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Oxfam Rents Trump's Childhood Home to House Refugees During UN Week

donald trump childhood home in queens

An international charity rented President Trump's childhood home in Queens to house refugees during the UN General Assembly beginning this week.

The five-bedroom Jamaica Estates home, which sold at a March auction for $2.14 million, was listed on Airbnb in June, renting for $725 a night with a weekly discount of 20 percent and monthly discount of 40 percent. Trump lived there for the first four years of his life.

Oxfam rented the house and filled it with refugees from Syria, Somalia, and Vietnam "to send an unequivocal message to world leaders: refugees are welcome here."

"Millions of families around the world have been forced to flee their homes in order to survive, creating the world’s worst displacement crisis since World War II," the aid organization said. "In this moment, what better place to show world leaders the value of a safe, welcoming home for those fleeing unthinkable situations than the childhood home of the U.S. president. Oxfam invited refugees here to share their stories and call for greater action by the U.S. government and governments around the world to resettle and help refugees."

Oxfam added: "The choices made in the coming weeks by President Trump, Congress, and the Supreme Court could determine whether the U.S. lives up to its historical values and continues to be a haven for people facing oppression and crisis."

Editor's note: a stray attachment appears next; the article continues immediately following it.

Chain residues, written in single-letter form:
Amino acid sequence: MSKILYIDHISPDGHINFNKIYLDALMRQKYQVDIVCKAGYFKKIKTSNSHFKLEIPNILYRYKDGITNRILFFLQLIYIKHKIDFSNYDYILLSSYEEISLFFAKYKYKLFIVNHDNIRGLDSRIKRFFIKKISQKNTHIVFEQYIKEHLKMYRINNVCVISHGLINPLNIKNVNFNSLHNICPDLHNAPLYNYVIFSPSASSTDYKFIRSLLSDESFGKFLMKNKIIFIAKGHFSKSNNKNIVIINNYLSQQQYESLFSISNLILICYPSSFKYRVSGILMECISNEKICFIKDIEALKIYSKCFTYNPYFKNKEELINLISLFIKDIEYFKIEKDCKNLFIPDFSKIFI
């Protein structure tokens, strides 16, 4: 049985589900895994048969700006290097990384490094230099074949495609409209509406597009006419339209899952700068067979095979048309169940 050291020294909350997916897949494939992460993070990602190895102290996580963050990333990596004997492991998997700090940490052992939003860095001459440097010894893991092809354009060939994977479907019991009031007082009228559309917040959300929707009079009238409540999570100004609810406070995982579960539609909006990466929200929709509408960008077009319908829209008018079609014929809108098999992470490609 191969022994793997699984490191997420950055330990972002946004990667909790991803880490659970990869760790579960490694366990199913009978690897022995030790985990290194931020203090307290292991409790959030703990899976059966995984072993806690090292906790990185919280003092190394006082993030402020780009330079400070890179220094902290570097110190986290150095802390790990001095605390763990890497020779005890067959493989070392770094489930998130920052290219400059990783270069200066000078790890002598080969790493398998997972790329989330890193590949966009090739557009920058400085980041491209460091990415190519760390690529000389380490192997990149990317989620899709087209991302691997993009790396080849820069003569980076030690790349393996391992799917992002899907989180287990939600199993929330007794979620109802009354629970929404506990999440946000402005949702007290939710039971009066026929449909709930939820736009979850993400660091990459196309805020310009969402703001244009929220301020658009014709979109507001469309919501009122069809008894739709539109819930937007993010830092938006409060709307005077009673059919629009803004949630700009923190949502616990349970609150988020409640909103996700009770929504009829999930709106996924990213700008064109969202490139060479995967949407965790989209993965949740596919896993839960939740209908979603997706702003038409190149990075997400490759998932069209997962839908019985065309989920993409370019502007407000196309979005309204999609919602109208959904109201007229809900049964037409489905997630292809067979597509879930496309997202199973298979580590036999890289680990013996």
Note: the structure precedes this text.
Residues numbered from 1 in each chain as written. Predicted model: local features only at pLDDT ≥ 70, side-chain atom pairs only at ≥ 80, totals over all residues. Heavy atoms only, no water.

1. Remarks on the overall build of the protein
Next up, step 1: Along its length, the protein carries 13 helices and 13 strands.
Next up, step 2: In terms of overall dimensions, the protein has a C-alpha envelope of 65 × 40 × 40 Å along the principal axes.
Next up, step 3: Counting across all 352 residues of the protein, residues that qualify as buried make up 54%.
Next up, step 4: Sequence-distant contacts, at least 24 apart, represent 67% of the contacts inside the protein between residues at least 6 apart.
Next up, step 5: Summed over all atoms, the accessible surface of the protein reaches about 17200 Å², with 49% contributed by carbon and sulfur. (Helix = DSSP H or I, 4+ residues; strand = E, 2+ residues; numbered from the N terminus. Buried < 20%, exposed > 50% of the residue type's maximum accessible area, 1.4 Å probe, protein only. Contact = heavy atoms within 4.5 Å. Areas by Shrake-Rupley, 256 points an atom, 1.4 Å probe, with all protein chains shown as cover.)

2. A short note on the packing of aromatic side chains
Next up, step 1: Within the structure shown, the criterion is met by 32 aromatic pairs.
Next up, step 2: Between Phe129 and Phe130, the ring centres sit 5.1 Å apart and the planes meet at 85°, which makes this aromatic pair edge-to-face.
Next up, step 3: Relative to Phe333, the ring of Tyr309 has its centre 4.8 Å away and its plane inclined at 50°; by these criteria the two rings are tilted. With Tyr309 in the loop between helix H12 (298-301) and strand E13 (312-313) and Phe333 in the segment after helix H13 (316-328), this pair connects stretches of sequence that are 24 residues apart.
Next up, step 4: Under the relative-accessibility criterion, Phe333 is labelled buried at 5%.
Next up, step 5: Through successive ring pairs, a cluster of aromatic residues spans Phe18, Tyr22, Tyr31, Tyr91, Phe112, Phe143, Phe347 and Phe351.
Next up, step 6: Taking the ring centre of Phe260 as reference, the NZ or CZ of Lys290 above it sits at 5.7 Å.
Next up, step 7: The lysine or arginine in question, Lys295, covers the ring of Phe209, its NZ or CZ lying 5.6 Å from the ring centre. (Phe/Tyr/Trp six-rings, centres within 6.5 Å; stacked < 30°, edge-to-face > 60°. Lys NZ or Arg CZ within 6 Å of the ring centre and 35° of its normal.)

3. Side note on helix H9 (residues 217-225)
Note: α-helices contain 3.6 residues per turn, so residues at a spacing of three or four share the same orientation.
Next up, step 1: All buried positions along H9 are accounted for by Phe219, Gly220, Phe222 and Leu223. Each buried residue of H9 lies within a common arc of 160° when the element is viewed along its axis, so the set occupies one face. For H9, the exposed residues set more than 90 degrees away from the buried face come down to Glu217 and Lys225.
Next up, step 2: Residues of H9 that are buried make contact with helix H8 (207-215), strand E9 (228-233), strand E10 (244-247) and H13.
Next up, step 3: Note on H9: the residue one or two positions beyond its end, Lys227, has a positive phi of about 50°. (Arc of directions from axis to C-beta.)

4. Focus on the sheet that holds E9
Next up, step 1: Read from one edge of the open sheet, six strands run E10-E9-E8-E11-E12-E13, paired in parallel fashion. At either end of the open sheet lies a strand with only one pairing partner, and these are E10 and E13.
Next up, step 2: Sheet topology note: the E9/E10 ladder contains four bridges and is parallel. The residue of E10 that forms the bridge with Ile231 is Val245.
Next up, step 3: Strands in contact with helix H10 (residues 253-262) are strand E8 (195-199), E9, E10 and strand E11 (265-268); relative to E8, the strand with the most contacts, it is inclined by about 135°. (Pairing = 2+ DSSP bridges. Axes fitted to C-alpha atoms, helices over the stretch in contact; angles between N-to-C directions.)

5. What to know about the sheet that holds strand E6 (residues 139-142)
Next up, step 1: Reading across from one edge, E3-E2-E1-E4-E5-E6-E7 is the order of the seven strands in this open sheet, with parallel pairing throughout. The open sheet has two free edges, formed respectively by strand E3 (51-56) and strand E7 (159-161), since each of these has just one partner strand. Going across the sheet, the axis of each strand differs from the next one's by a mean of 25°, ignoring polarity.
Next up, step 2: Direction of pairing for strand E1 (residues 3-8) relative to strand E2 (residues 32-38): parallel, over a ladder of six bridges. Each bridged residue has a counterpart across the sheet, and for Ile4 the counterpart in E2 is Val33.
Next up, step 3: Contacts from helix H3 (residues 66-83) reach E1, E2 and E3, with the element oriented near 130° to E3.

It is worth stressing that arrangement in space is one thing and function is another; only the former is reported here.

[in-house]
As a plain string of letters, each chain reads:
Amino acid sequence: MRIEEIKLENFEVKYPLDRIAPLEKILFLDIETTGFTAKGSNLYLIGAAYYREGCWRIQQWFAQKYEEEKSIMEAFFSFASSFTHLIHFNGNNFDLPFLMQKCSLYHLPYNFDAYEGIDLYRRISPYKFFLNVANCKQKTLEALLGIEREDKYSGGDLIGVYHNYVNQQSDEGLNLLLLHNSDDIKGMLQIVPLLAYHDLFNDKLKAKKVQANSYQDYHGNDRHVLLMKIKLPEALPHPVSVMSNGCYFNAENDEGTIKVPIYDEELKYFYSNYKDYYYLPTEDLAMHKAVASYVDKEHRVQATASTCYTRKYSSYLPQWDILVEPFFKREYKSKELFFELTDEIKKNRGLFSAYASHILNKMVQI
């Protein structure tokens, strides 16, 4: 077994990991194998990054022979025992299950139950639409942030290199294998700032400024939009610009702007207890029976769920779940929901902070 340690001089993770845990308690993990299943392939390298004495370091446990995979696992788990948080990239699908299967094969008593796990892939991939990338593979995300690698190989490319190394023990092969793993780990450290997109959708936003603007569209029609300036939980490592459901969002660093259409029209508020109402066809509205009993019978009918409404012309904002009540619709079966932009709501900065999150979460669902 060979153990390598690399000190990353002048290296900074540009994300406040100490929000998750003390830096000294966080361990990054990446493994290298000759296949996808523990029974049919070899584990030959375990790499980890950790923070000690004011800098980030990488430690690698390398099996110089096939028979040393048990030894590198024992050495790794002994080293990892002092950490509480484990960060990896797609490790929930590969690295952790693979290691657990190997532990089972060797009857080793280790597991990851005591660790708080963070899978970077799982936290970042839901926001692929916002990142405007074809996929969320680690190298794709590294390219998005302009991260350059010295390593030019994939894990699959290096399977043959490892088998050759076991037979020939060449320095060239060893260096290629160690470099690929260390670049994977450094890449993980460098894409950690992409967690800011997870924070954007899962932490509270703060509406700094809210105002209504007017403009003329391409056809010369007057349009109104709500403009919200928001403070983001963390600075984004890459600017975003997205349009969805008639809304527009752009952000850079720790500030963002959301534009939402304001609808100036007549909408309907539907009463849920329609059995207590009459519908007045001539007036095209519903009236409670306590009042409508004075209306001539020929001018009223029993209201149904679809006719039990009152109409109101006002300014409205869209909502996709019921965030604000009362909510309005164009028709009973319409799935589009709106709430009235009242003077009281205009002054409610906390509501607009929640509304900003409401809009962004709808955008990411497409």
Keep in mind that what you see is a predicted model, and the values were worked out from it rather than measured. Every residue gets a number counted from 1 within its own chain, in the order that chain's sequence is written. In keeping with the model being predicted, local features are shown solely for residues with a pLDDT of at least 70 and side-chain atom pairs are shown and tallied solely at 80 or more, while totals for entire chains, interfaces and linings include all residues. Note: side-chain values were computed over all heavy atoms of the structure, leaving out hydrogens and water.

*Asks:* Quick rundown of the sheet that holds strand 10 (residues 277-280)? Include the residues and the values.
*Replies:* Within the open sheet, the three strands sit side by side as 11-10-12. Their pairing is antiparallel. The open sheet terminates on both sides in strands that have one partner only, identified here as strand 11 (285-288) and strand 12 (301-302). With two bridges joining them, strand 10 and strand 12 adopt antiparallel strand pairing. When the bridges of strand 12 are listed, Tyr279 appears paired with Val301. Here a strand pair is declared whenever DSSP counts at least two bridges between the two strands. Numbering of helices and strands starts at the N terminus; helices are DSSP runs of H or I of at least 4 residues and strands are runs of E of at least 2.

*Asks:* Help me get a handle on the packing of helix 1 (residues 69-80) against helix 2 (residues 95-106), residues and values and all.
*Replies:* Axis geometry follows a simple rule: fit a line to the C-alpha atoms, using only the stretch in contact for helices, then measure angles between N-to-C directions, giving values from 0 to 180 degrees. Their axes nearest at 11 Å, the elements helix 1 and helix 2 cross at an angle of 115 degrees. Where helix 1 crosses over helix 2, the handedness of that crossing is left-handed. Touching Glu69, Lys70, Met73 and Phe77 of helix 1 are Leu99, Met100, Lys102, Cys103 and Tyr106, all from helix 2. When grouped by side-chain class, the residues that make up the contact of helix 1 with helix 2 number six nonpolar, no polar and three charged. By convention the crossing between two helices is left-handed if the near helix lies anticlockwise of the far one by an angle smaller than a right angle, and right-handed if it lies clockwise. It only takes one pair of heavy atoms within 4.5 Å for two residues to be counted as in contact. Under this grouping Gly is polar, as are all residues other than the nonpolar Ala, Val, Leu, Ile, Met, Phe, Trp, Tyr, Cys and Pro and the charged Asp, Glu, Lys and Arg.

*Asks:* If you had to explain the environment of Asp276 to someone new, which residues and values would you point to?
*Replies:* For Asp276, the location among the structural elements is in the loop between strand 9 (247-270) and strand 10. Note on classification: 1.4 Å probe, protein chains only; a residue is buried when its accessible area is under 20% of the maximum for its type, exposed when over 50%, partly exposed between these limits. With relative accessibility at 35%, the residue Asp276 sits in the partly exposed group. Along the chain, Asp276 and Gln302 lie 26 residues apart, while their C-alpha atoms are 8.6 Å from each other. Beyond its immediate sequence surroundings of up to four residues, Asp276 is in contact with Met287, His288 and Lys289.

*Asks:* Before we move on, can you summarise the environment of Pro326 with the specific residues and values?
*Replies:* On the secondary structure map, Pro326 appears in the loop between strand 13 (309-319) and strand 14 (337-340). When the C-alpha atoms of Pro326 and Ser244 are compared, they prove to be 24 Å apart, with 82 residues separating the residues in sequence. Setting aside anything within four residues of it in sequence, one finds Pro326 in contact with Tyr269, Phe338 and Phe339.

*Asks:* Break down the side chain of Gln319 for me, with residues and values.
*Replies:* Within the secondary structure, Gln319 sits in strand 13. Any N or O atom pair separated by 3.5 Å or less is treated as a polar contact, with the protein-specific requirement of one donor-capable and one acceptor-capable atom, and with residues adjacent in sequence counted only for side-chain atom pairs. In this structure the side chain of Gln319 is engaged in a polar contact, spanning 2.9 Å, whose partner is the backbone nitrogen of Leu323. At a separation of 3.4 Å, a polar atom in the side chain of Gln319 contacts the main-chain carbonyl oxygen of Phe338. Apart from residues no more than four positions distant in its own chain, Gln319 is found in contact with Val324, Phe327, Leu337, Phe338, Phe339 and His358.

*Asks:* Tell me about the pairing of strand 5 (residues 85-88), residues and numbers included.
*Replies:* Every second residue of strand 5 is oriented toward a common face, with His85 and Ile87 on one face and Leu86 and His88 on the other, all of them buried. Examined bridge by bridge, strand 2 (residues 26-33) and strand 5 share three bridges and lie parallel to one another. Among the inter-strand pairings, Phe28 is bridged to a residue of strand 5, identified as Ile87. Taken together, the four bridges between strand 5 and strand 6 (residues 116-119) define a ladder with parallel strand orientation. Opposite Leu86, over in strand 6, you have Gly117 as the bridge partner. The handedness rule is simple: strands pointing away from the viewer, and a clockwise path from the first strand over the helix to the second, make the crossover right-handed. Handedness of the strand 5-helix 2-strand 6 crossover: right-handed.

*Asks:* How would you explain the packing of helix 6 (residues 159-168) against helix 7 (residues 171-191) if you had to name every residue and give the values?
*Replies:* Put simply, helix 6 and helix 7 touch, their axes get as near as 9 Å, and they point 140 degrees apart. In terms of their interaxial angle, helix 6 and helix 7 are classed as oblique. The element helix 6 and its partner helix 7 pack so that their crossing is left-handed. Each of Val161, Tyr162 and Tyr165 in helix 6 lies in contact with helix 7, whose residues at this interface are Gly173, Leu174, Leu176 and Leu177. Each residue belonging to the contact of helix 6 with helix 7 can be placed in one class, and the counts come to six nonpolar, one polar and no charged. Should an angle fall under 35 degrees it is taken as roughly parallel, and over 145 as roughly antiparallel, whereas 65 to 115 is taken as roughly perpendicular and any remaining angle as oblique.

"In the coming weeks, President Trump will announce his decision on the number of refugees the U.S. will resettle in 2018. Congress will finalize spending bills, which determine the level of financial support the federal government will dedicate to aiding and resettling refugees. And the Supreme Court will hear arguments on the president’s unconstitutional refugee and Muslim ban."

Last week, the Supreme Court issued a temporary ruling to block a 9th Circuit ruling that would have allowed up to 24,000 refugees into the country by the end of next month despite the administration's travel ban. The clock has run out on the original restrictions from six Muslim-majority countries while legal limbo has dragged on, with the 90-day travel ban expiring later this month and 120-day ban on refugees expiring next month.

"It has never been more important for Americans to use their voice to let their government know that refugees are welcome here," Oxfam said. "A cornerstone of the founding values of the U.S. was to offer oppressed people refuge from violence and persecution. Now as Americans we must open our minds, hearts, and communities to vulnerable refugees who are seeking a safe place to call home."